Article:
There are provisions also, in the form of government, for convening any one of these judicatories for a special meeting, if any special exigencies shall demand such a step.

The public worship of God in the Presbyterian Church is not conducted by a prescribed liturgy. This church thinks it obvious that no forms of prayer, no prescribed liturgies were used in apostolic times, and she dares not introduce human inventions into the mode of her worship. It cannot be supposed that Paul kneeled down on the shore, when he parted with his friends at Tyre, and read a prayer from a book; or that Paul and Silas used a prescribed form when they prayed at midnight in the prison at Philippi. The Lord's Prayer forms no objection to these views, because it is not given in the same words by any two of the Evangelists. Besides, it contains no clause asking for blessings in the name of Christ, which our Saviour himself solemnly enjoined upon his church, before he withdrew his personal presence. In the subsequent inspired history we find no allusion to this form of prayer, nor any reference to either saying or reading of prayers, both of which modes of expression are natural for those who employ precomposed forms. Socrates and Sozomen, respectable ecclesiastical writers of the fifth century, both declare, that in their day, “no two persons were found to use the same words in public worship.” And Augustine, who was nearly their contemporary, declares in relation to this subject, “There is freedom to use different words, provided the same things are mentioned in prayer."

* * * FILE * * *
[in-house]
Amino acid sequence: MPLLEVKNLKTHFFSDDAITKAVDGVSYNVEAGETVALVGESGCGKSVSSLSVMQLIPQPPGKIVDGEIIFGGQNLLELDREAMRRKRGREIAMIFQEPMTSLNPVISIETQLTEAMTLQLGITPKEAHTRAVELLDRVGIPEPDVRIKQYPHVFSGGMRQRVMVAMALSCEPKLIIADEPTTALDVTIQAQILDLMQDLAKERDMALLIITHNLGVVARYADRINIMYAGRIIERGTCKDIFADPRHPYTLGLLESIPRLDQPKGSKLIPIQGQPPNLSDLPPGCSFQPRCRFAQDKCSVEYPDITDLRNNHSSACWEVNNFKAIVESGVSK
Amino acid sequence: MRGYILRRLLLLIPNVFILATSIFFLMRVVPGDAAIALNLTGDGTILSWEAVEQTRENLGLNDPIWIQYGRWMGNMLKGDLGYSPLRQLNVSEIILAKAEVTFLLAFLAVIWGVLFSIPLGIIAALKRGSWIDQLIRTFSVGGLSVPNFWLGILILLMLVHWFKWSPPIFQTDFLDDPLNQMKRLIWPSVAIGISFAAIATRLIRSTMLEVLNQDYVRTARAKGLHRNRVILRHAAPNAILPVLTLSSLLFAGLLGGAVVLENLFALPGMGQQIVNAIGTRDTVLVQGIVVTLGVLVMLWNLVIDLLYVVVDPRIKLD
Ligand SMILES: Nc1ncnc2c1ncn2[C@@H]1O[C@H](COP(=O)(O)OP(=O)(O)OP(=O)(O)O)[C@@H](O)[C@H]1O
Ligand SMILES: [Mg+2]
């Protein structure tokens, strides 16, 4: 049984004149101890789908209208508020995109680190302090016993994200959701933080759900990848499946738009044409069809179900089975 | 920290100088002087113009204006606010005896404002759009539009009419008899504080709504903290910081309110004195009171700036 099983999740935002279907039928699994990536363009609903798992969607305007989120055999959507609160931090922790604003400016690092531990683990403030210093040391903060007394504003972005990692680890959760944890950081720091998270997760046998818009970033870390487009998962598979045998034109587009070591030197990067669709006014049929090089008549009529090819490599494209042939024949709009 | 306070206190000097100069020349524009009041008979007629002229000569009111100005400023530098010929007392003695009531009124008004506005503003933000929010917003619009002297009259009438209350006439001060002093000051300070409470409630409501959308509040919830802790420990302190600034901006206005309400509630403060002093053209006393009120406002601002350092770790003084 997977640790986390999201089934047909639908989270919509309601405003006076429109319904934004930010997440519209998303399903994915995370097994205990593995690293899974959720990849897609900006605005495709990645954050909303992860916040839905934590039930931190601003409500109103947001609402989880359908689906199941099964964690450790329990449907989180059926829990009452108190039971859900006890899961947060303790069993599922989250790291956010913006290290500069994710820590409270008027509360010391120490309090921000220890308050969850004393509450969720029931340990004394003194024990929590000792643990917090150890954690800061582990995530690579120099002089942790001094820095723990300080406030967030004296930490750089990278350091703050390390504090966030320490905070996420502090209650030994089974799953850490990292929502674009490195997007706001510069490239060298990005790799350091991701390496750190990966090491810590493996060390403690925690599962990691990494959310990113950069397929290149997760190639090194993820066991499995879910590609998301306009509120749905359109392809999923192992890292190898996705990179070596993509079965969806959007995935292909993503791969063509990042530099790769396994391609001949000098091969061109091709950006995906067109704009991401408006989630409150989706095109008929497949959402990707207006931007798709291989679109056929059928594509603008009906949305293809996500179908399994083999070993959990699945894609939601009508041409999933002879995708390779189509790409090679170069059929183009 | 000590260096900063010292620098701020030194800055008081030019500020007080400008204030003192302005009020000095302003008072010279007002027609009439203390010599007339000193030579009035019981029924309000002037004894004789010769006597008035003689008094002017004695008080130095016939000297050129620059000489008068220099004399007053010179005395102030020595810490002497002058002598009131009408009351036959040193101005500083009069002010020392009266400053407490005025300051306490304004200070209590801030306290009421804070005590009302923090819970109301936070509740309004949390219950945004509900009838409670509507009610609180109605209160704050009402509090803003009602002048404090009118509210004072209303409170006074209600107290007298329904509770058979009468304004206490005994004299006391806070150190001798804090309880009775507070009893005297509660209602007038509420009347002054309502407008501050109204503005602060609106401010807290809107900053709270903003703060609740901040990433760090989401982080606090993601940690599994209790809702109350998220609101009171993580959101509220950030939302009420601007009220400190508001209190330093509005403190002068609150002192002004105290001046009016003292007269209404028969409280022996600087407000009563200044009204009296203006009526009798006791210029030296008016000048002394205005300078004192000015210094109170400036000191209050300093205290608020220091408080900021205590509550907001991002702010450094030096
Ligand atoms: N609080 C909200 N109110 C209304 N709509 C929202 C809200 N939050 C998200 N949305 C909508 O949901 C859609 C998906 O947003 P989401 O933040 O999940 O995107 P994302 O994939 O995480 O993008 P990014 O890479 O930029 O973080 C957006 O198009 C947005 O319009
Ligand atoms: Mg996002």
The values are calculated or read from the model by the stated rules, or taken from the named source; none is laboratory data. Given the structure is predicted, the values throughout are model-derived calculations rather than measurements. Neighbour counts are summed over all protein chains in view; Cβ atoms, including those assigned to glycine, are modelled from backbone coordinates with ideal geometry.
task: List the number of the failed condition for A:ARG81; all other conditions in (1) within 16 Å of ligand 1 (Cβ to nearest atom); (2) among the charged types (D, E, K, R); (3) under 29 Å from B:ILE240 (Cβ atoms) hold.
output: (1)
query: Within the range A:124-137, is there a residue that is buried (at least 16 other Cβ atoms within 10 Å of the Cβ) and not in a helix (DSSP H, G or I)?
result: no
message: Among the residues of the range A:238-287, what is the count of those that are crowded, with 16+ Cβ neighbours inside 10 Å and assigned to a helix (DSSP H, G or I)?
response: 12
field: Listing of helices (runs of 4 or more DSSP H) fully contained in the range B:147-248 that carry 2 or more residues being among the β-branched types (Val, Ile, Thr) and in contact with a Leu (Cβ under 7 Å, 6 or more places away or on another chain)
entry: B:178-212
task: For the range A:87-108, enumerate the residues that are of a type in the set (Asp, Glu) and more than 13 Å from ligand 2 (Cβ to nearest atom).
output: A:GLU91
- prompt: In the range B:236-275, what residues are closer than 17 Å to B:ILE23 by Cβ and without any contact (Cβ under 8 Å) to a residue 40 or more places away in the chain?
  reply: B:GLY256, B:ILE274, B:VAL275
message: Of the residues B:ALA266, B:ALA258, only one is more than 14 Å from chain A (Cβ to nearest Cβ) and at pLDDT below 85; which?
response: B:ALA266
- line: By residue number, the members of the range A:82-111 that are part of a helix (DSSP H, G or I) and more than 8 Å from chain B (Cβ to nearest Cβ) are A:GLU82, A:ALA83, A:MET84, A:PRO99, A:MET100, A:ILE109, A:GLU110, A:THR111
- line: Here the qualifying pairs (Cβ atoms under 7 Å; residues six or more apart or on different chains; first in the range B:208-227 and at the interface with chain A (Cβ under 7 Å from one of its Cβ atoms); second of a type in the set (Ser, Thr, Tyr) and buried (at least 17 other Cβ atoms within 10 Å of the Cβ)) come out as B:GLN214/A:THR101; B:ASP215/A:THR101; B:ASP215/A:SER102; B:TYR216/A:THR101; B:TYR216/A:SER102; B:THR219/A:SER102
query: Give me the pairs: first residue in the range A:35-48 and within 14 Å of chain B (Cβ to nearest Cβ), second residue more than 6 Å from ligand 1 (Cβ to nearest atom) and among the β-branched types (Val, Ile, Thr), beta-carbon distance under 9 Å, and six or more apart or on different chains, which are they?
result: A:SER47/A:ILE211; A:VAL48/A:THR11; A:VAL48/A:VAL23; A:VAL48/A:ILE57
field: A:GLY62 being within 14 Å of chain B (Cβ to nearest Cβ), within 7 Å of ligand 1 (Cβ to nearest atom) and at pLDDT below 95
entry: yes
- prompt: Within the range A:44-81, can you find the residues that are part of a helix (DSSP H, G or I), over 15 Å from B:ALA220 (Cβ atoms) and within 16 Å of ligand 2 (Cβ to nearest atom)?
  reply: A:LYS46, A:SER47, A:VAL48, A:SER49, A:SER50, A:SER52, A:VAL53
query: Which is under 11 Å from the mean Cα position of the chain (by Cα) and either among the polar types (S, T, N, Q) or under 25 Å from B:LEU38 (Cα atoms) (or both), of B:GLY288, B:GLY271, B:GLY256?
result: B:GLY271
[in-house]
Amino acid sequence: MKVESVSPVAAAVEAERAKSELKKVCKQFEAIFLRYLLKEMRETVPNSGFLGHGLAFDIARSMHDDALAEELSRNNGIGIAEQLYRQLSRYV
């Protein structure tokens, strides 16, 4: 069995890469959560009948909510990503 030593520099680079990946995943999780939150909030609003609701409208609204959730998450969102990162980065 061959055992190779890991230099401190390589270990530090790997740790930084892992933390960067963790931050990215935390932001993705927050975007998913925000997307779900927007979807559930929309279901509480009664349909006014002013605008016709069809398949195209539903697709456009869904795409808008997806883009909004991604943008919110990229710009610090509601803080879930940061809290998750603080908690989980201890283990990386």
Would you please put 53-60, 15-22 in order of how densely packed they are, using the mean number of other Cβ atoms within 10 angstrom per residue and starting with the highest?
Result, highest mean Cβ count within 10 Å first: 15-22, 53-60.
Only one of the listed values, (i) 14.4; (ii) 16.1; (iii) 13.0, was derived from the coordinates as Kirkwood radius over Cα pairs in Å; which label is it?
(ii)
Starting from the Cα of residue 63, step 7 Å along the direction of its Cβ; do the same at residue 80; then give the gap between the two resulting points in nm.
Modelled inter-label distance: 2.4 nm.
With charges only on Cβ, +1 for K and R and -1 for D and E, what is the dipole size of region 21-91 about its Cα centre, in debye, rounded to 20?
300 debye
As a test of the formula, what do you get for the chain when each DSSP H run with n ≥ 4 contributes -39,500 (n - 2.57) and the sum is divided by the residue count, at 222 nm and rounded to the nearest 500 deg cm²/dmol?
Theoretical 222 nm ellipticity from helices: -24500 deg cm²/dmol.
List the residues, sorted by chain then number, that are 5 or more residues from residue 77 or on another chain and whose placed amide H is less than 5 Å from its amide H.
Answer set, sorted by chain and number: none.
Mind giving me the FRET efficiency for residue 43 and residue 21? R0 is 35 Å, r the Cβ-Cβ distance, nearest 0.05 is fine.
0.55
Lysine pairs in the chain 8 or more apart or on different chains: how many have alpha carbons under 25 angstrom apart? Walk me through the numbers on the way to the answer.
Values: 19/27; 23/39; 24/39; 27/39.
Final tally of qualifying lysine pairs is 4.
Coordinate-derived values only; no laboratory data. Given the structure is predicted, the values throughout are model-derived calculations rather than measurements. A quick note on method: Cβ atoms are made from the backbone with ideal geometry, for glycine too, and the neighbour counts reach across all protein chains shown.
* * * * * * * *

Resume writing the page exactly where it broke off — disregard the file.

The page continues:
In forming her “ Directory for the Public Worship of God," the Presbyterian Church regards the holy scriptures as the only safe guide; therefore she does no more than to recommend a judicious arrangement of the several parts of the public service, throwing upon the pastor the responsibility of preparing himself for a proper and edifying performance of those acts of worship, which shall be suited to the ever-changing wants of the congregation.

The sacraments of the church are regarded as being two only: baptism and the Lord's Supper. The former is ordinarily performed by Presbyterians by applying the water to the subject, though they do not deny the validity of immersion. Baptism is administered to adult believers and their infant offspring; but none are admitted to participate in the Lord's Supper who have not given evidence of personal piety, and of understanding the significance of the ordinance.

No rite is looked upon as possessing any intrinsic influence. Presbyterians do not believe that an influence of a mysterious kind passes